As for if the string will be repeated 100 times using a #define? Yes it certainly will, if you view the pre-processor output of your source you will see this. However some compilers may then remove the duplicates in a later step (linking I would assume). This feature is called string pooling, MSVC reference is here:

http://msdn.microsoft.com/en-us/library/s0s0asdt(v=vs.110).aspx

share|improve this answer
    
Thanks @paulm. I found that my g++ compiler has -fmerge-constants flag that's enabled by default, and does this thing, but it says " This option is the default for optimized compilation if the assembler and linker support it", so this depends on assmebler/linker!? –  zeropoint May 9 '13 at 11:27

A macro gets replace by its actual content every place it occurs by the preprocessor. So by the time the compiler gets to your code, your MSG will have been replace with the actual string every time it occurred, meaning that this string will be hardcoded in your code base.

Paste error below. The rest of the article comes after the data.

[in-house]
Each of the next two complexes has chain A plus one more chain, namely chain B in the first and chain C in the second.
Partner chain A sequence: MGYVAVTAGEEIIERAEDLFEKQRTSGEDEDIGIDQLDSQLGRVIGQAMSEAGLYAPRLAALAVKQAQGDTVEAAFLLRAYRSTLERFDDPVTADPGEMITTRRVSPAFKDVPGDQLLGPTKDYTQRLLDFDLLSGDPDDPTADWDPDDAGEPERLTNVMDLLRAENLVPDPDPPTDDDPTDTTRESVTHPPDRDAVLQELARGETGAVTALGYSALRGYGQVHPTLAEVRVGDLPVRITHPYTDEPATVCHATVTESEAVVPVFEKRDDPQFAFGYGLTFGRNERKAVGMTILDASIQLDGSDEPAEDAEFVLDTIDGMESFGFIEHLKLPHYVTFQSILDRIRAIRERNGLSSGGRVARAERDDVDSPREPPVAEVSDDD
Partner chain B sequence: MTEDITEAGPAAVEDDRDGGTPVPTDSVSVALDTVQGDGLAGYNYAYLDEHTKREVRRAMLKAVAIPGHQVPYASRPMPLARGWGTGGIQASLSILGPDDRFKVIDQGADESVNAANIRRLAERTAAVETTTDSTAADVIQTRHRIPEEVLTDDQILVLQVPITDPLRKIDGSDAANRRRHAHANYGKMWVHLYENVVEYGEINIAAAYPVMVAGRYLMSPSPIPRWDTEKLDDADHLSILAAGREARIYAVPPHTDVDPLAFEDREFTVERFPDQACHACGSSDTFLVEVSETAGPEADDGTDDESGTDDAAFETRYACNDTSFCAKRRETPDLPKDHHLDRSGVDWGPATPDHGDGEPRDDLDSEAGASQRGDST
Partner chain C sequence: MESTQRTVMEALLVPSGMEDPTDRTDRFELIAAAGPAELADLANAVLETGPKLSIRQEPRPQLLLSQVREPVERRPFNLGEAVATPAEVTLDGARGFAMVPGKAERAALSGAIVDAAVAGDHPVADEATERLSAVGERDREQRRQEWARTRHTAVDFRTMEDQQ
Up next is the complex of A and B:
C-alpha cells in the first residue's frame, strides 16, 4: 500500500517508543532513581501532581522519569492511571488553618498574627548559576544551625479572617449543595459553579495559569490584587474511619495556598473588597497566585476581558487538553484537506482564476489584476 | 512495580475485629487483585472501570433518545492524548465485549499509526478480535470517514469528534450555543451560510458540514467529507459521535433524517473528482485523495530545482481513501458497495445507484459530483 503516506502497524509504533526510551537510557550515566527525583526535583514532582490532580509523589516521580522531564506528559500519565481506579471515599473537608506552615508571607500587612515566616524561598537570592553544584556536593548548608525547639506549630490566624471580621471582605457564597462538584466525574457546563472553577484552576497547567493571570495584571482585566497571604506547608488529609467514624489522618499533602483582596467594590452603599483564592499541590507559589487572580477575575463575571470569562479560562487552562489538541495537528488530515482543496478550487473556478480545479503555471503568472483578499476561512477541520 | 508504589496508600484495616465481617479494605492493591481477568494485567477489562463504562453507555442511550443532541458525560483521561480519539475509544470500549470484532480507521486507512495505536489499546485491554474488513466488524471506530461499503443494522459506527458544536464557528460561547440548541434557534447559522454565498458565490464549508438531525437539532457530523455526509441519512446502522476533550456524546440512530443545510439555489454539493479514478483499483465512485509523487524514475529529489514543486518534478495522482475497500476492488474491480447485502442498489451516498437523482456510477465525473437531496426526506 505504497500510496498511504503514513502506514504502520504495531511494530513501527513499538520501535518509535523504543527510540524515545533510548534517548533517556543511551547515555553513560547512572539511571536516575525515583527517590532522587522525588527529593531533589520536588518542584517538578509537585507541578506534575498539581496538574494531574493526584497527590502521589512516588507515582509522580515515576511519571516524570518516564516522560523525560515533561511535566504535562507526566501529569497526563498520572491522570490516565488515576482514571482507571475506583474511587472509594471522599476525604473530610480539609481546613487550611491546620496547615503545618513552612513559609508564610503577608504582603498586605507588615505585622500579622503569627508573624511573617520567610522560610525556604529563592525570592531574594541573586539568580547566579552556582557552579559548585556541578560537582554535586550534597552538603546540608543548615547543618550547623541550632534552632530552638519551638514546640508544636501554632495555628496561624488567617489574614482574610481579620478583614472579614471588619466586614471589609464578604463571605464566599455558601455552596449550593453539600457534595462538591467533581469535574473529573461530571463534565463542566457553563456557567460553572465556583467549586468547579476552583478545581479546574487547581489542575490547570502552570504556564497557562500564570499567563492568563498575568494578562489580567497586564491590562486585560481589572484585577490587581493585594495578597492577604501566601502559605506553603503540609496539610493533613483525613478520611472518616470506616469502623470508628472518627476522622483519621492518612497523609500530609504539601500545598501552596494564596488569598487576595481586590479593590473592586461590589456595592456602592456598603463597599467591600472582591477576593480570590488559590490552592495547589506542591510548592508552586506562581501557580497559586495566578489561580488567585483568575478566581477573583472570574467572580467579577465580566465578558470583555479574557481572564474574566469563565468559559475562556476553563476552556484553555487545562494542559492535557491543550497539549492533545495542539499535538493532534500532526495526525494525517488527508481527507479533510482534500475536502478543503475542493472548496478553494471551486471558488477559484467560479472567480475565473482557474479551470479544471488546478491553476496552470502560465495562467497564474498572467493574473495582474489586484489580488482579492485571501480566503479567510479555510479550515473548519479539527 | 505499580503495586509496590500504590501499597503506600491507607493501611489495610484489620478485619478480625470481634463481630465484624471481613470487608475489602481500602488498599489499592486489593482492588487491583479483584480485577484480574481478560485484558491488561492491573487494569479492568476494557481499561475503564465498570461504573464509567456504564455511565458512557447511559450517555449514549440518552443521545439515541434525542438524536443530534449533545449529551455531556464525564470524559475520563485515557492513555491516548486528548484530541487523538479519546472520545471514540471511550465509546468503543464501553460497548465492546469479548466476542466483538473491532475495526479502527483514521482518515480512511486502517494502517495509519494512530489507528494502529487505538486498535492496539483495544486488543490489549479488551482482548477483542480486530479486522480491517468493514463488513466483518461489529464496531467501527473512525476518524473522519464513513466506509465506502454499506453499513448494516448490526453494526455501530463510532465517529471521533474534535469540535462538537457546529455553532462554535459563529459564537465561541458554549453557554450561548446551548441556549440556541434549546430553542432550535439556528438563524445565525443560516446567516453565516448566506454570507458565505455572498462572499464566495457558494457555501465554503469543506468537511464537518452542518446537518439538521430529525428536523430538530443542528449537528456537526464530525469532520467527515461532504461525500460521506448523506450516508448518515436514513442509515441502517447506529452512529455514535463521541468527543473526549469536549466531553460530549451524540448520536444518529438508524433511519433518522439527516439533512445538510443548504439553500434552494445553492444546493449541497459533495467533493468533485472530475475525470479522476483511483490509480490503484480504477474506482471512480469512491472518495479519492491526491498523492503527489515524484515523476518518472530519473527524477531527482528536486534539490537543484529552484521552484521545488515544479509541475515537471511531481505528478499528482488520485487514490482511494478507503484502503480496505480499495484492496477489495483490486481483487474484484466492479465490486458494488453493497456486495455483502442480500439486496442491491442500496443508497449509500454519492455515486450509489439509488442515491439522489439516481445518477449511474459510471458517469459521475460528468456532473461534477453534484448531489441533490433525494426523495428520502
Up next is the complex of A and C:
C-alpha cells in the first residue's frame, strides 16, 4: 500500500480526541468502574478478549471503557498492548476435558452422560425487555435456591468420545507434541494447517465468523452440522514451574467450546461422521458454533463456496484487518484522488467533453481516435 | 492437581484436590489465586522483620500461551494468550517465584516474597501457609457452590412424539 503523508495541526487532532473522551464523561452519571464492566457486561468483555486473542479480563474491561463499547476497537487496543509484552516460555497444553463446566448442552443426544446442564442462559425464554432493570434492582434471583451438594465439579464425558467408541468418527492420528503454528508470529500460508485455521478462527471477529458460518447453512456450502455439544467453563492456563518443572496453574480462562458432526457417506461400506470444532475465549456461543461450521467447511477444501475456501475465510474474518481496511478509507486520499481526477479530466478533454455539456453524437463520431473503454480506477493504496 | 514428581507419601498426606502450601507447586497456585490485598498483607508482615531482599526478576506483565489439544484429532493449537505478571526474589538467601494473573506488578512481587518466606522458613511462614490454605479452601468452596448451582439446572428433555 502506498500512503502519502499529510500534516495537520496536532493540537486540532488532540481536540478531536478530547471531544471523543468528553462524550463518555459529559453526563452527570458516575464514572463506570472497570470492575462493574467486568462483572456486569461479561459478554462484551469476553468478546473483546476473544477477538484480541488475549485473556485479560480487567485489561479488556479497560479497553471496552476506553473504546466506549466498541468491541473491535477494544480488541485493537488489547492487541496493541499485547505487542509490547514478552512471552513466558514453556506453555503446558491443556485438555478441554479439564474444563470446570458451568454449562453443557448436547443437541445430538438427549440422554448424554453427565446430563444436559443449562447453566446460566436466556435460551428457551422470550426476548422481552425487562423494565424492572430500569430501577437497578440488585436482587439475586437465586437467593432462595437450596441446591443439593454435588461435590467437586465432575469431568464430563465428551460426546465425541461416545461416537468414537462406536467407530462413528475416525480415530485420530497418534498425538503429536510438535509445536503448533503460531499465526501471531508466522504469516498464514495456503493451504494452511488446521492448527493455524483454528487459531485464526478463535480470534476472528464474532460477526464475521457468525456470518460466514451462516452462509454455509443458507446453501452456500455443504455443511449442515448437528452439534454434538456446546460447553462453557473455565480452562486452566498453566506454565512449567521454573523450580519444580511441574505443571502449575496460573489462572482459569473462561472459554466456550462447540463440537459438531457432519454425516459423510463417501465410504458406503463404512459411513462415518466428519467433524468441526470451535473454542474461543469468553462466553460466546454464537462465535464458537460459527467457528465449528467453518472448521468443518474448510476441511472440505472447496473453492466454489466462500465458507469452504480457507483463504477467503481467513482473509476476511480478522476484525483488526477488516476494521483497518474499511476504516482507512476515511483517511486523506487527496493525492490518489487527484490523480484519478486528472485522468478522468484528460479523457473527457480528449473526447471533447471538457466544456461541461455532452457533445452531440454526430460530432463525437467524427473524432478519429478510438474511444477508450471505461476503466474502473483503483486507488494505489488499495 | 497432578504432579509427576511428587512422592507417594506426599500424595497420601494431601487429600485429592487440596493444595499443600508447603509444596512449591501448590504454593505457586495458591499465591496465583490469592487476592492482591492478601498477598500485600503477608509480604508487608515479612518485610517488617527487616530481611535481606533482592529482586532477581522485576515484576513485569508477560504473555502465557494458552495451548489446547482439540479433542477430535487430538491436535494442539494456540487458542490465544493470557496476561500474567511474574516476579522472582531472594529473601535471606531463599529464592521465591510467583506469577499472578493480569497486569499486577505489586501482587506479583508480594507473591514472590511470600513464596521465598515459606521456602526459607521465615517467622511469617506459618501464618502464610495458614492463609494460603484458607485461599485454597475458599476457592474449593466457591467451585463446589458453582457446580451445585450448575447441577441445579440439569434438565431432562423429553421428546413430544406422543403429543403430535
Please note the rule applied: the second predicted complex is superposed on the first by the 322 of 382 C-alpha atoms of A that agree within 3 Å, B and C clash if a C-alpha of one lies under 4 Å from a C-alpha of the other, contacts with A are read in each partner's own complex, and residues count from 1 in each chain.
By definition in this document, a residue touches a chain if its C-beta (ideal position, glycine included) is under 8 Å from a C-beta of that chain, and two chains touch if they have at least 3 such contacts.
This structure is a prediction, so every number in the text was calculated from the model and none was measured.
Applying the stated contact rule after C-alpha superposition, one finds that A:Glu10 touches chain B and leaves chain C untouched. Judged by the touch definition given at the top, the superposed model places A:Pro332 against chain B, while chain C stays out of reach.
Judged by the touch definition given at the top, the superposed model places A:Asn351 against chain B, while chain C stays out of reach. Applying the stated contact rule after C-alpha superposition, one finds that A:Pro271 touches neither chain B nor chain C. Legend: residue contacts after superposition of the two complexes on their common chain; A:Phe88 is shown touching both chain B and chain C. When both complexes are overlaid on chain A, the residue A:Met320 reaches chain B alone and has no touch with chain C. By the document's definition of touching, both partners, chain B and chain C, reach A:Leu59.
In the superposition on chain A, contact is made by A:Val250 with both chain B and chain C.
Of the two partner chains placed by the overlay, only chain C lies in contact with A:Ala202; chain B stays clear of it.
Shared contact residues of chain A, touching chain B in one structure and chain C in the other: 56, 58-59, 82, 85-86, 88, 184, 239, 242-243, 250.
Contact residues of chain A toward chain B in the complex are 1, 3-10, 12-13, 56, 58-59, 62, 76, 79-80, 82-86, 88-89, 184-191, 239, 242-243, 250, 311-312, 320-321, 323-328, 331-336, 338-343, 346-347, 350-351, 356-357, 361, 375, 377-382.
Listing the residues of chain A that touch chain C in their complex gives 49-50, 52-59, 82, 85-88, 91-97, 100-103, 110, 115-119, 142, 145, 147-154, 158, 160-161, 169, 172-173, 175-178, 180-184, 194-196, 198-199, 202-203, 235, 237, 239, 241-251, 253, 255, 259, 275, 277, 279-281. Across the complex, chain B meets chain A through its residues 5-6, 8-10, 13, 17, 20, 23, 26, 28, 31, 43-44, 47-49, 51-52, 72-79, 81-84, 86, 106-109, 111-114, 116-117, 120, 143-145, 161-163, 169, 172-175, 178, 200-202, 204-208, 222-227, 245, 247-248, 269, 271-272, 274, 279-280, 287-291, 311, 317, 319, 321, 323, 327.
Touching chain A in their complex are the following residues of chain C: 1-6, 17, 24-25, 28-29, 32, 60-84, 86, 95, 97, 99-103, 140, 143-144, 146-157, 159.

What the compiler then does with multiple occurrances of the same string, is dependent on compiler settings etc, but probably will store it once and then refer to it wherever it occurs.

share|improve this answer
    
I don't think this answers the question. –  user529758 May 9 '13 at 10:36
    
@H2CO3 It does, actually, whereas your answer does not. However, my answer does a better job of it than this one. –  Jim Balter May 9 '13 at 11:08

Each place in code where you use the macro MSG will contain the literal "Input your first name" after preprocessing. However, whether this text will be present in the binary several times or just once depends entirely on your compiler. Quoting [lex.string]§12:

Whether all string literals are distinct (that is, are stored in nonoverlapping objects) is implementation-defined. The effect of attempting to modify a string literal is undefined.

In other words, the compiler (and/or linker) is free to put the text data into the binary image just once, and have all appearnces of the literal in code refer to the same data.

share|improve this answer
    
Thanks @Angew. Can you please provide me with link for [lex.string]§12 you've mentioned –  zeropoint May 9 '13 at 11:46
1  
@zeropoint You can get the last publically-available draft of the standard from open-std.org –  Angew May 9 '13 at 13:53
    
Thanks @Angew. Looks like I was dearly missing this. It's good to see Java and others too there. –  zeropoint May 10 '13 at 13:38